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Let $X=\{\underbrace{a_1,\cdots ,a_1}_{\nu_1},\cdots,\underbrace{a_k,\cdots ,a_k}_{\nu_k}\}$ be a multiset of cardinality $\sum{\nu_i}=n$ where each $a_i$ repeats $\nu_i$ times. We suppose that when $\nu_i=\nu_j$, $a_i$ and $a_j$ are indistinguishable. What is the number of possible partitions of $X$ such that no $a_i$ is put in the same partition as $a_j$, $i\not = j$.

Example 1. $X=\{a,a,b\}$ we have $3$ possible partitions :

$(\{a,a\},\{b\})$ , $(\{a\},\{b\},\{a\})$, $(\{b\},\{a,a\})$

Example 2. $X=\{a,a,b,b\}$ we have $3$ possible partitions : $(\{a,a\},\{b,b\})$, $(\{a\},\{b,b\},\{a\})$, $(\{a\},\{b\},\{a\},\{b\})$

Added: i think the answer is ${1\over r}*{n!\over \nu_1!\cdots\nu_k!}$ where $r$ is the number of equal $\nu_i$. is this correct?

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In example 1, aren't $(\{a,a\},\{b\})$ the same as $(\{b\},\{a,a\})$? – Paul Dec 22 '11 at 9:12
NO they are not the same because $a$ and $b$ are distinguishable since they have distinct multiplicity. and i put parentheses so they are put in distinct order. – palio Dec 22 '11 at 9:16
@Palio: But then why aren't $(\{a\},\{a\},\{b\})$ and $(\{b\},\{a\},\{a\})$ distinct solutions as well? – Marc van Leeuwen Dec 22 '11 at 12:21
Yes, Marc. Also, in example 2, why aren't $(\{a,a\},\{b,b\})$ and (\{b,b\},\{a,a\})$ then? It's so confusing! – Paul Dec 22 '11 at 12:30
yes you are right.. actually there is no $(\{a\},\{a\},\{b\})$ because adjascent sets of the same elements have to be in the same set then $(\{a\},\{a\},\{b\})$ is just $(\{a,a\},\{b\})$. I will edit the example 2 – palio Dec 22 '11 at 12:33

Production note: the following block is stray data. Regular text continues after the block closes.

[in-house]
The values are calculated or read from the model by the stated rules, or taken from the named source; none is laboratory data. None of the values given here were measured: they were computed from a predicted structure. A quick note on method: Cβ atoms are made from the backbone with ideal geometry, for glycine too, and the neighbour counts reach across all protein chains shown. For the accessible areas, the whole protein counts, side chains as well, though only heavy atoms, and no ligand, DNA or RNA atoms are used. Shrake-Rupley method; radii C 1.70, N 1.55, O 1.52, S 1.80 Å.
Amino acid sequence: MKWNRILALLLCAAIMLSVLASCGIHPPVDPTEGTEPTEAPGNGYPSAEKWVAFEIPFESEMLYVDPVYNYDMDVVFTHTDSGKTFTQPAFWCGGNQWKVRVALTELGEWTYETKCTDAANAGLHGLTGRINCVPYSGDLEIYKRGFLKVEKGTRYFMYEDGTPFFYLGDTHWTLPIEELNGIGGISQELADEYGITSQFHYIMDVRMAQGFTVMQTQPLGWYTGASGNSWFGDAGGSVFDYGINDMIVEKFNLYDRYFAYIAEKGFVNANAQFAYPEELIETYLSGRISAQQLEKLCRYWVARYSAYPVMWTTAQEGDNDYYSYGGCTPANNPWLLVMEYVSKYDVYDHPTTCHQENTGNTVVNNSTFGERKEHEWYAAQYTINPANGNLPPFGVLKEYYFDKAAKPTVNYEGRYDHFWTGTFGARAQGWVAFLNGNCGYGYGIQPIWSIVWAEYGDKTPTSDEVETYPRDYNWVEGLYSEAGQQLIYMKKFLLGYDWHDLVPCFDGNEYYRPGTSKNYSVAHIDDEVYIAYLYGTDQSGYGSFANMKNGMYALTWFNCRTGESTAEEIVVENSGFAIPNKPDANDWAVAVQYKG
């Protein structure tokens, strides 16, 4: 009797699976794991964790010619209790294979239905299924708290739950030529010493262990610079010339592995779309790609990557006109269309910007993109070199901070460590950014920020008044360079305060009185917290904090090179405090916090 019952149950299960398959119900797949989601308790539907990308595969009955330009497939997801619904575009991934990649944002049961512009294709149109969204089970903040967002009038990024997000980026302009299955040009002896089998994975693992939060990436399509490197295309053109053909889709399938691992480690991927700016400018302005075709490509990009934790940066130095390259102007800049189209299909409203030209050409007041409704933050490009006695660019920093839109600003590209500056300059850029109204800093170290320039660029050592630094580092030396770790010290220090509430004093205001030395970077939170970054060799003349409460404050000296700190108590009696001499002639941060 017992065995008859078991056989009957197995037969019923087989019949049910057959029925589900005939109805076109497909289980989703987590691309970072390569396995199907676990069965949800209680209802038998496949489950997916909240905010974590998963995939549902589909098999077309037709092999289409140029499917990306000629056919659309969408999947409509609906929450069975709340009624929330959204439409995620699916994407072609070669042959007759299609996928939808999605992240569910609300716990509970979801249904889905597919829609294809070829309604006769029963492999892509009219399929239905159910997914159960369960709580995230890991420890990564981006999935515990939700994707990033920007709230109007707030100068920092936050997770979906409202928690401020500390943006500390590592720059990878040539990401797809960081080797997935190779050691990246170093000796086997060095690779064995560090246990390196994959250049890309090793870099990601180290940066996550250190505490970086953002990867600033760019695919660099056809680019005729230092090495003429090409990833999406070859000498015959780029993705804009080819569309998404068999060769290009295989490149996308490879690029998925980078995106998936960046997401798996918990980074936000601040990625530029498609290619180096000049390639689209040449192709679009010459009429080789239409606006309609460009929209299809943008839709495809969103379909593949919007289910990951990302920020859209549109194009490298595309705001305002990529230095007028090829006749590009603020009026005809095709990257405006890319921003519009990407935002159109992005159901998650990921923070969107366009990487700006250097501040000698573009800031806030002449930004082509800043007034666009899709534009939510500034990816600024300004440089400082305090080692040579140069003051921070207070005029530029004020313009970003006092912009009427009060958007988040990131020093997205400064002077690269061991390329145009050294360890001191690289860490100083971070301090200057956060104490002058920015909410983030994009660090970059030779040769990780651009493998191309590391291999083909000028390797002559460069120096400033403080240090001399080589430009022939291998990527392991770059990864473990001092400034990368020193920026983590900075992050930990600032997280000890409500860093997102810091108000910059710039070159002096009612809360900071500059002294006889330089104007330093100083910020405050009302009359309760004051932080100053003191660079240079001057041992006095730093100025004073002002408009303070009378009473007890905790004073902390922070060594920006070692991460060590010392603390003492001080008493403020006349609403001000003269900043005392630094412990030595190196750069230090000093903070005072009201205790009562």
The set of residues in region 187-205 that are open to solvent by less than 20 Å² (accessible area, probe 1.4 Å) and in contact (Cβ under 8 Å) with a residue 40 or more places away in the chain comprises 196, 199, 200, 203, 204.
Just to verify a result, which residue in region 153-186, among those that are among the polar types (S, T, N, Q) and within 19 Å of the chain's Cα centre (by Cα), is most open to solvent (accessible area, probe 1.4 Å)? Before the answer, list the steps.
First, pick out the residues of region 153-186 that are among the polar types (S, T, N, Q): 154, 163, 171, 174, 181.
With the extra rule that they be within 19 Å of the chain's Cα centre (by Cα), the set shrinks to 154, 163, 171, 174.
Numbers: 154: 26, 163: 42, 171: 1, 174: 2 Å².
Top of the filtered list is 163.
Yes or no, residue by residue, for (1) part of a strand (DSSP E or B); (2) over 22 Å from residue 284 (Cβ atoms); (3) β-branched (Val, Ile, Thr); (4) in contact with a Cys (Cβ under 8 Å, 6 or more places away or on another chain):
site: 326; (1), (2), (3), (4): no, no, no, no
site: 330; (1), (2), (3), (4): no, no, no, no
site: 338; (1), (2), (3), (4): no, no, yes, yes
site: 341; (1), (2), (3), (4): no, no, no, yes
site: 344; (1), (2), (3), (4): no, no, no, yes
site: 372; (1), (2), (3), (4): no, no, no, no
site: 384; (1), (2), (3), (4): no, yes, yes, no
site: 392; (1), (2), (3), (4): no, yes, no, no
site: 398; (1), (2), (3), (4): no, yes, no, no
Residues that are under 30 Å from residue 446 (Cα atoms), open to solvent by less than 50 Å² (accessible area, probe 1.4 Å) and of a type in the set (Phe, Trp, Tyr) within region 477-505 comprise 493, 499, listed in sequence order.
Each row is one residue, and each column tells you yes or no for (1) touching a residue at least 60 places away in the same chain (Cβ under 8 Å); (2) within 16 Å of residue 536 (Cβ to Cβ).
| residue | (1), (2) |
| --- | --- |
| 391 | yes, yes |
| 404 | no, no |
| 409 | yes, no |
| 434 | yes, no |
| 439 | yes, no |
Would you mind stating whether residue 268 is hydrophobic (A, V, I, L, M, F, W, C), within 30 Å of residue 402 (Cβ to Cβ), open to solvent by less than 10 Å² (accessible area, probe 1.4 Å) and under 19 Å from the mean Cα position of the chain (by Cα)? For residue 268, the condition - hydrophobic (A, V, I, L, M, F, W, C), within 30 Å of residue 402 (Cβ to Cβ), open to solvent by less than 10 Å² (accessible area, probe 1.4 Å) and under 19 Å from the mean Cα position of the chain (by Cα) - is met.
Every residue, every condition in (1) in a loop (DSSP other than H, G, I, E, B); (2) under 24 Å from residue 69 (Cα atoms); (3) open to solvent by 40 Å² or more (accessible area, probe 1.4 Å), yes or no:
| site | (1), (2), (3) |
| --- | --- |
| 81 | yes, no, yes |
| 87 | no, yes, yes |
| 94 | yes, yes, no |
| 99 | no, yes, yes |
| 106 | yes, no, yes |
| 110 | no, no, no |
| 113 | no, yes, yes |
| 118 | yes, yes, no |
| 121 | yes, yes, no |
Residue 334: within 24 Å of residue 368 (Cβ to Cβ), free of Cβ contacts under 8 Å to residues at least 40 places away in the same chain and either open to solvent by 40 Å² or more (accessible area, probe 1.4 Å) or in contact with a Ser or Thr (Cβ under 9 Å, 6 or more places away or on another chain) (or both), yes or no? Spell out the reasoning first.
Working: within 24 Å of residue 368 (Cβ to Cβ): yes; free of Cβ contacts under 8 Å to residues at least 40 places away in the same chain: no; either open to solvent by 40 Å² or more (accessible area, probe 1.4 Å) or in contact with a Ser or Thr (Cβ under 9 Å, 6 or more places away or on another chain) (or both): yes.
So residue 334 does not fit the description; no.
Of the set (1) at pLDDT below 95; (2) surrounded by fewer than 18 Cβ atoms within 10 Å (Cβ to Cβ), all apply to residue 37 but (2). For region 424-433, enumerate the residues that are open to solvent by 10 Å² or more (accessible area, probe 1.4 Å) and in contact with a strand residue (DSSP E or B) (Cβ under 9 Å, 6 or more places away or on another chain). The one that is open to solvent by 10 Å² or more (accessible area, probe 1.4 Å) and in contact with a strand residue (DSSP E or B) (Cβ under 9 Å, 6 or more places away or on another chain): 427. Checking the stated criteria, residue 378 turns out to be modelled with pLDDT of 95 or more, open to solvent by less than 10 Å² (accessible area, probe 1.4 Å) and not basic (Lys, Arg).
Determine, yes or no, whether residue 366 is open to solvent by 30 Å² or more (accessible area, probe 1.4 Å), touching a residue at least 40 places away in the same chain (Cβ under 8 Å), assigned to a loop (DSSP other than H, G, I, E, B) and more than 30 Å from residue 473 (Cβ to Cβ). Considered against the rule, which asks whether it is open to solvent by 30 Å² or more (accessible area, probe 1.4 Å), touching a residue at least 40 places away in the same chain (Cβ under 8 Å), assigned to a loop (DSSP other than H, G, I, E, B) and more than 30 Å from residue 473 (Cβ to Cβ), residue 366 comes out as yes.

If I understand this correctly, what is wanted is the number of inequivalent permutations of multiset $X$, when two permutations are considered equivalent if replacing each (maximal) run $a_ i a_i \dots a_i$ of length $m$ in each permutation with $\nu_i^m$ produces identical results.

So, with $X=\{a,a,b,b,c\}$, $abbca$ (written as $(\{a\},\{b,b\},\{c\},\{a\})$ above) is equivalent to $baacb$ since they both generate $2^1 2^2 1^1 2^1$, but they are not equivalent to $baabc$ which generates $2^1 2^2 2^1 1^1$.

Since in general this seems very difficult, I’ll just consider here the simplest possible non-trivial scenario in which $X=\{a,a,b,b,c,\dots \}$ with $\nu_1=\nu_2=2$ and $\nu_i\neq \nu_j$ if $i>2$ or $j>2$. Let $$P\;=\;\frac{(n-4)!}{\prod_{i=3}^k\nu_i!}$$ be the number of distinct permutations of $X \setminus \{a,a,b,b\}$.

There are three cases:

  1. Permutations of the form $\dots aa\dots bb \dots$. There are $\binom{n-2}{2}P$ of these.
  2. Permutations of the form $\dots a\dots a\dots bb \dots$. There are $(n-3)\binom{n-2}{2}P$ of these.
  3. Permutations of the form $\dots a\dots a\dots b\dots b \dots$. There are $\binom{n}{4}P$ of these.

This gives us (after some algebraic manipulation) the number of of inequivalent permutations of $X$ as $$\left(\frac{1}{6}+\frac{2(n-2)}{n(n-1)}\right)\frac{n!}{\prod_{i=1}^k\nu_i!}.$$

For investigating (the number of) equivalent permutations of specific multisets, the following Mathematica functions can be used:

numEquivPerms[s_] := 
  Length @ DeleteDuplicates[Split /@ Permutations[s] /. Rule @@@ Tally[s]]

numEquivPerms[{a, a, b, b, c, d, d, d}]


equivPerms[s_] := Module[{r = Rule @@@ Tally[s]},
   DeleteDuplicates[Split /@ Permutations[s], (#1 /. r) == (#2 /. r) &]]

equivPerms[{a,a,b,b,c}] // TableForm[#, TableDepth -> 1] &
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